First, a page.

Cover Stories: Paper Covers Rock

Publisher's Weekly named Jenny Hubbard's debut a Flying Start last spring, and summarized the novel thusly:

"Set in the early 1980s, Paper Covers Rock is structured as the journal of 16-year-old Alex No Middle Name Stromm, who is holding onto some secrets about the recent drowning death of one of his classmates."

The title and cover caught my attention, and here's Jenny to explain that gazing boy from Paper Covers Rock:

"I didn’t envision a cover while I was writing, but after I found out it was going to be published, I envisioned a black-and-white photograph of three boys in silhouette on a rock, their backs to the viewer.

"All I said [to my publisher] was, 'Please don’t put a face on my narrator.'

"The cover that is currently on the book is not the first one that was designed for the book. The first one caused me to burst into tears--truly. It was entirely wrong, both in mood and character depiction. What the reader would have seen was a free-spirited, smiling, skater-dude boy in mid-jump over water.

"When I explained why the first cover wasn’t right, they scrapped it immediately, and the designer went back to the drawing board. My editor asked me what I would like to see, and I gave her some ideas, none of which included a face on my narrator. One idea suggested by my agent I liked very much: a graphic design that hinted toward the journal aspect of the book. I liked that because it was, I guess, less literal.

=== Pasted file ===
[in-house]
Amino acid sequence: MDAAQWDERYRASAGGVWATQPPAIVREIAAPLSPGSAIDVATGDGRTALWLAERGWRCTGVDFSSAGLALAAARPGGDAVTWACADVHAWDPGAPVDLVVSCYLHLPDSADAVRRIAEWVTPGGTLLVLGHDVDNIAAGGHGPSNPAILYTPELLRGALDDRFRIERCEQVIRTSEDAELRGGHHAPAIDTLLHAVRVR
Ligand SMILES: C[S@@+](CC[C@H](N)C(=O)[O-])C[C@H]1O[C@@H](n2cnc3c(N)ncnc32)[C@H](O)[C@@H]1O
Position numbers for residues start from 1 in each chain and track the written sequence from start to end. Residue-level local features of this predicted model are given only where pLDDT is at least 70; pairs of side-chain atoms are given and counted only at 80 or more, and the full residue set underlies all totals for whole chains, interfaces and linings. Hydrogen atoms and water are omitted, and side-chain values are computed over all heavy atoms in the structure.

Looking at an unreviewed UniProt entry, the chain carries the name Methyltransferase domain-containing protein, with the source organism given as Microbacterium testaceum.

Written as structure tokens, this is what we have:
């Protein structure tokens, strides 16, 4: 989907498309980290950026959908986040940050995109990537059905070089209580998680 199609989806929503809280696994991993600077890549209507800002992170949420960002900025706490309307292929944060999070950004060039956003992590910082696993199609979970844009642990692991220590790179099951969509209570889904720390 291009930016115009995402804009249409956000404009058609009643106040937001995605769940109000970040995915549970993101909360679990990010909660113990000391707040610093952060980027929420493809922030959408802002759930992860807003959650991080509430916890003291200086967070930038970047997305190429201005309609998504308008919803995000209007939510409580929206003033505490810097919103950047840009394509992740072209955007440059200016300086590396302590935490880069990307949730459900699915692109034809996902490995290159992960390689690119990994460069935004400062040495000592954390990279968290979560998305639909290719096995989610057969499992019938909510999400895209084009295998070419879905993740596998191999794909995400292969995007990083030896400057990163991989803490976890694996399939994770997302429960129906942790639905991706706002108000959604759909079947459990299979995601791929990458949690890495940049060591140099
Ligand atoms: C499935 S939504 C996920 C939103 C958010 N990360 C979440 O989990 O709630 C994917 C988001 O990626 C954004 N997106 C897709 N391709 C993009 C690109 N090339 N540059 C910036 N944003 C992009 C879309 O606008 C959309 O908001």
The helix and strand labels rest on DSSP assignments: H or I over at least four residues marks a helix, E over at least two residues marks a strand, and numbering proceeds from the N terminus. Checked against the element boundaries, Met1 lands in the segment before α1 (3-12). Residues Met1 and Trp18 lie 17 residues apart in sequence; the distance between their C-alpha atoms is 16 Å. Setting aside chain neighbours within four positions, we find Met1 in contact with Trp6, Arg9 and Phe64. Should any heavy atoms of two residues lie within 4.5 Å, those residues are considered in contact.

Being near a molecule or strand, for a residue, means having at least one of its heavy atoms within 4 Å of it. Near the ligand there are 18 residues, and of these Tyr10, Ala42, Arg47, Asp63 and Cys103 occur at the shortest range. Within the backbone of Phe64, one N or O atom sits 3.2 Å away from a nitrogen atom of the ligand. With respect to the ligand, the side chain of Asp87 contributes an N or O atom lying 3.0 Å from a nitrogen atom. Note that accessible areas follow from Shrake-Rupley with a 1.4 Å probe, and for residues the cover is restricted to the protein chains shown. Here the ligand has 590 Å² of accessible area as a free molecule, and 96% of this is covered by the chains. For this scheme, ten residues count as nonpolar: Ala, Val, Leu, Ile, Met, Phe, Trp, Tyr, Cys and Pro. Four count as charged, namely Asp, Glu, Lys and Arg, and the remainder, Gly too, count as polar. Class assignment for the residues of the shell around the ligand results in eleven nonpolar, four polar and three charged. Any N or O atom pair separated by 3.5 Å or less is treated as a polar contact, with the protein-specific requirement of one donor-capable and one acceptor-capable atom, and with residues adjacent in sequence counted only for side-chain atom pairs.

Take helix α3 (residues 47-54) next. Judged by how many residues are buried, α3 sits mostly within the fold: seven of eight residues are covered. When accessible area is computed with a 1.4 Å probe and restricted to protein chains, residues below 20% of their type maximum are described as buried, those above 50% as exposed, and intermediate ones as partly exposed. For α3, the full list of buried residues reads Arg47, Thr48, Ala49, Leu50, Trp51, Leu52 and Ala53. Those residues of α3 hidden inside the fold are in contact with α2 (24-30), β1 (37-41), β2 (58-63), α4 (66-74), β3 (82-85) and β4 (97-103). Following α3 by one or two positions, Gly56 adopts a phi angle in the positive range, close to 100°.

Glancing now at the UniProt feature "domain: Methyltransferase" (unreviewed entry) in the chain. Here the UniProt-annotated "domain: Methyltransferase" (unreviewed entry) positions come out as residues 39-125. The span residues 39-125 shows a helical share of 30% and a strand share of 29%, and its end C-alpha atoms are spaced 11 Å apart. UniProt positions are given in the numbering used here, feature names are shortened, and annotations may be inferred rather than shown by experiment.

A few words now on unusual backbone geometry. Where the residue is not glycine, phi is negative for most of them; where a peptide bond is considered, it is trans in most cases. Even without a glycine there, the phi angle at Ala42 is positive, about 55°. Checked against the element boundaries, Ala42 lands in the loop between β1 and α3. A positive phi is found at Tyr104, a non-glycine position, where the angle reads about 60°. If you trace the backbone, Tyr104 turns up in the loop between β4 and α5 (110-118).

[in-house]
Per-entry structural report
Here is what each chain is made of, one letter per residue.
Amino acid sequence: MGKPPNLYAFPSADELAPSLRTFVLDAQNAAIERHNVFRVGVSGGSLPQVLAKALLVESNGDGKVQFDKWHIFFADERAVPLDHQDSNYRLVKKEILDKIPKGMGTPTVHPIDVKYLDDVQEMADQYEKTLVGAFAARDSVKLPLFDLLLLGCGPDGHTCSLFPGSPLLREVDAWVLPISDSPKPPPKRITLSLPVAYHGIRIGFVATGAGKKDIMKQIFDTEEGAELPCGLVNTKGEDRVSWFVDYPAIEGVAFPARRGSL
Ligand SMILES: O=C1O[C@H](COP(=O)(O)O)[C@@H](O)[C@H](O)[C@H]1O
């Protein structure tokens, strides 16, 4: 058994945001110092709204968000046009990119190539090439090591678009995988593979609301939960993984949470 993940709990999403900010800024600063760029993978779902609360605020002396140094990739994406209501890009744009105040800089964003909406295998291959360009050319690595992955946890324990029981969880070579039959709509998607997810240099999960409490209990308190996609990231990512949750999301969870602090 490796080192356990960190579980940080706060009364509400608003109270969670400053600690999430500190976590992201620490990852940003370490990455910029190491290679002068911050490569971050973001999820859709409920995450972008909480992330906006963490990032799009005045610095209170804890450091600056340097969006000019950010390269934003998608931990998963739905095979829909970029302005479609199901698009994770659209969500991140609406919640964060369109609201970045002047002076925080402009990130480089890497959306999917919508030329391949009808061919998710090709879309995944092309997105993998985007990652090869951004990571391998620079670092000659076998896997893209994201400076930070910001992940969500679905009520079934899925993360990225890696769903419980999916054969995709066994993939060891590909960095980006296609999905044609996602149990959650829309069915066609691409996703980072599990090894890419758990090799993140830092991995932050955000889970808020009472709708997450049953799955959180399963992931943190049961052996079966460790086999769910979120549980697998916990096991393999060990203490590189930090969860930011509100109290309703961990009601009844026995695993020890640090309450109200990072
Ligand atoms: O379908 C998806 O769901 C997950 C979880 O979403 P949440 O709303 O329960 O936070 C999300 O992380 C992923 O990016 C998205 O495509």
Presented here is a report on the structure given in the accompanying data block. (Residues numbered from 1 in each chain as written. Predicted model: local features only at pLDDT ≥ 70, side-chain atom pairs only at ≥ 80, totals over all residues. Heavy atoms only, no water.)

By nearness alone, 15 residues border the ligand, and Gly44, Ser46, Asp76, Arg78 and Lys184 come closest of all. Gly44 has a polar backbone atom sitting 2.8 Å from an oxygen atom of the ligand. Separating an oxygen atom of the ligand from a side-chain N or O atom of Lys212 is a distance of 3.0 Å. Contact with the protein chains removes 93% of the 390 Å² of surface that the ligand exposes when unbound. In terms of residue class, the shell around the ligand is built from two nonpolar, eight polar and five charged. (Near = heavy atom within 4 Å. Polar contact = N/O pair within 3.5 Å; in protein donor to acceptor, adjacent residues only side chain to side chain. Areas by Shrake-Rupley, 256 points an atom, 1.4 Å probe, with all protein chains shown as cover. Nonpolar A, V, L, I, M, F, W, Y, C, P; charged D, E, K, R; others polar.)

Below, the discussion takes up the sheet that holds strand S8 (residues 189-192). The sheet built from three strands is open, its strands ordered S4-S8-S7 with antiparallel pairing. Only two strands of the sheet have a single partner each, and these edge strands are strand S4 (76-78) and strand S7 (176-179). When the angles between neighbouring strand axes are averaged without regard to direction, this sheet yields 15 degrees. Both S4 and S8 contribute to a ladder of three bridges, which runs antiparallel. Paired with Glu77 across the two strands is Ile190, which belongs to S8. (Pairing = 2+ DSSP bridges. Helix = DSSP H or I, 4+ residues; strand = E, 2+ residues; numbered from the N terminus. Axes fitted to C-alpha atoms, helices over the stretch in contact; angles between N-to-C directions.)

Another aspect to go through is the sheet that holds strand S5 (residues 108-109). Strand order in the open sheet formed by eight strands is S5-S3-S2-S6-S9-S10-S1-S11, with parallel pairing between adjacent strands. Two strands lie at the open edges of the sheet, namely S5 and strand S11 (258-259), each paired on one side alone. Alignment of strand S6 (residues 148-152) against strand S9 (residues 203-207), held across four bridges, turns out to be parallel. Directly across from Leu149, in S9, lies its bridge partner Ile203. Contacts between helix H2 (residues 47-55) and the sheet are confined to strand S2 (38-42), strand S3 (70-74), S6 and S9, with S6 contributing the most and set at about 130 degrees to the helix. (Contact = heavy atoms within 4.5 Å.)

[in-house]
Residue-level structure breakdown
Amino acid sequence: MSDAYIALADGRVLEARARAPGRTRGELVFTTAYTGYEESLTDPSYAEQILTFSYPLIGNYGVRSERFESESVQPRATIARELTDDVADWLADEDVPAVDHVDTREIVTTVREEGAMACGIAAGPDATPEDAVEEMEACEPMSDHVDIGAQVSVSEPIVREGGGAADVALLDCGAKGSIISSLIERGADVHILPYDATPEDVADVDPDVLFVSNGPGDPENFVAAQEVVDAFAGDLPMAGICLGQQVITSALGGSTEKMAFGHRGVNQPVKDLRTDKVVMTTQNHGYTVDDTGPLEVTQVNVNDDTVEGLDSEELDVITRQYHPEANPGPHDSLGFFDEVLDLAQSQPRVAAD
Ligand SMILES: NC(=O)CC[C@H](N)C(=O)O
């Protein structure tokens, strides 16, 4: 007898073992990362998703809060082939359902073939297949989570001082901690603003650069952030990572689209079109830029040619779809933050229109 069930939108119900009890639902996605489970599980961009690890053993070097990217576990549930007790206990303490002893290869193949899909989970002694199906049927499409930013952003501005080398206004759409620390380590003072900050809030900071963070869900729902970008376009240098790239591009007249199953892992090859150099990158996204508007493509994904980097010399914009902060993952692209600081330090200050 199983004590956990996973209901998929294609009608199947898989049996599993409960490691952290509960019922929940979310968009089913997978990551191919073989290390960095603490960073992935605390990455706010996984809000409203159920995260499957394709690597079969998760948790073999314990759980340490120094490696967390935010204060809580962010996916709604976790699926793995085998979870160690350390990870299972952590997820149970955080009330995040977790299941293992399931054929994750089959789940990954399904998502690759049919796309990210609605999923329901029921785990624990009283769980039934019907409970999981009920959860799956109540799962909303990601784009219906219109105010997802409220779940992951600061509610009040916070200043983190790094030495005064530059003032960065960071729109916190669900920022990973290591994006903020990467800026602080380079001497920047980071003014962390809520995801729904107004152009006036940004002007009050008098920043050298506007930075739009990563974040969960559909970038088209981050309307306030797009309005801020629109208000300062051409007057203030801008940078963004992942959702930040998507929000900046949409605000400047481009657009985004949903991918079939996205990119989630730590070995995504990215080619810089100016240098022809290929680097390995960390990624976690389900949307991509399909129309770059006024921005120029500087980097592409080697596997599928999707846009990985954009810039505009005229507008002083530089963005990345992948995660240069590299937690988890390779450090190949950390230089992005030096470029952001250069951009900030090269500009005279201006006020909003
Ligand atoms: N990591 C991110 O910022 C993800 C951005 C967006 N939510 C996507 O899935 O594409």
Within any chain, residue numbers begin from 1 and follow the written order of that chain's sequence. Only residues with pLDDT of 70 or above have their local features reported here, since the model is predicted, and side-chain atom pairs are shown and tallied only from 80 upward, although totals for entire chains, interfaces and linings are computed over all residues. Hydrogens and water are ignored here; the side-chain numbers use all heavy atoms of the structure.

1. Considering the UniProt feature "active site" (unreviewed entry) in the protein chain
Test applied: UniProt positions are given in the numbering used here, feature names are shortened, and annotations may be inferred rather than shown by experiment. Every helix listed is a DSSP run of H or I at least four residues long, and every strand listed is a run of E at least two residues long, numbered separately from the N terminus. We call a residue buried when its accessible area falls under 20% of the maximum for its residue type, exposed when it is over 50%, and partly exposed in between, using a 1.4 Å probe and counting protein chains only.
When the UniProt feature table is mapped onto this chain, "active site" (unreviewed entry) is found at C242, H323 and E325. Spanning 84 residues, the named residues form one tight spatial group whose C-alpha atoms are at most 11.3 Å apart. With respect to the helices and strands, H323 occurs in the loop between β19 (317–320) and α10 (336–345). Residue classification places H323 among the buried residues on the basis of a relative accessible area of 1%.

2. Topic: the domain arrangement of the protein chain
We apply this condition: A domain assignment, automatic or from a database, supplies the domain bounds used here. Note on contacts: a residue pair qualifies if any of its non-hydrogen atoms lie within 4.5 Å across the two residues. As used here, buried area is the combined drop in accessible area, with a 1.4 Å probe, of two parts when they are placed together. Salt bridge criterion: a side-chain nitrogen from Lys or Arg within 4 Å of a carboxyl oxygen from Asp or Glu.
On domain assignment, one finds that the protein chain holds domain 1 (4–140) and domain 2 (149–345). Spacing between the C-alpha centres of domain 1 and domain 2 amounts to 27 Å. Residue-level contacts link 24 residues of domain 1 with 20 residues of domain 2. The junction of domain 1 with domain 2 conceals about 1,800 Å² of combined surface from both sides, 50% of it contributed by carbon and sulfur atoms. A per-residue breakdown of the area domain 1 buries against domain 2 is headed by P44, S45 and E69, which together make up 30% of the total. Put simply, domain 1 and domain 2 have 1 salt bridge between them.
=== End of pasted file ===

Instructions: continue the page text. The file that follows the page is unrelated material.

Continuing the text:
"What the designer definitely got right the second time around was the mood of the book. The boy on the cover looks troubled. There’s a mystery in his face. And I like how the green (his innocence) is behind him. That’s fitting.

"They hired a model, as is often the case for the novels published by Delacorte Press (an imprint of Random House). I do not know this young man’s name, but he lives in or near NYC. He’s certainly more attractive than the Alex I’ve imagined. Of course, the boy on the cover isn’t even necessarily Alex, but I would imagine that most readers connect him to the protagonist on the inside pages.

"I didn’t notice, until later, that the boy’s tie is undone, as if he’s trying to get free of something that is strangling him. I really like that.

"I think the cover works. When I asked why they went with 'the face on the narrator,' my editor explained that they needed a cover to appeal to teenaged girls, as teenaged girls are the primary audience for young-adult fiction. Random House knows much more about how to sell a book than I do. I deferred to their experience and judgment. And, come to find out, the cover does indeed appeal to girls! It would be interesting to see, when the novel appears in paperback, a different cover--maybe something along the lines of what my agent suggested--to see what kind of reader might be drawn to it. I’ve had people, adults and teens alike, tell me that the current cover is off-putting because it seems to advertise a romance novel."

Thanks, Jenny! I actually like the cover a lot. It made me think of A Separate Peace by John Knowles, which is a good thing in my book.

What do you guys think?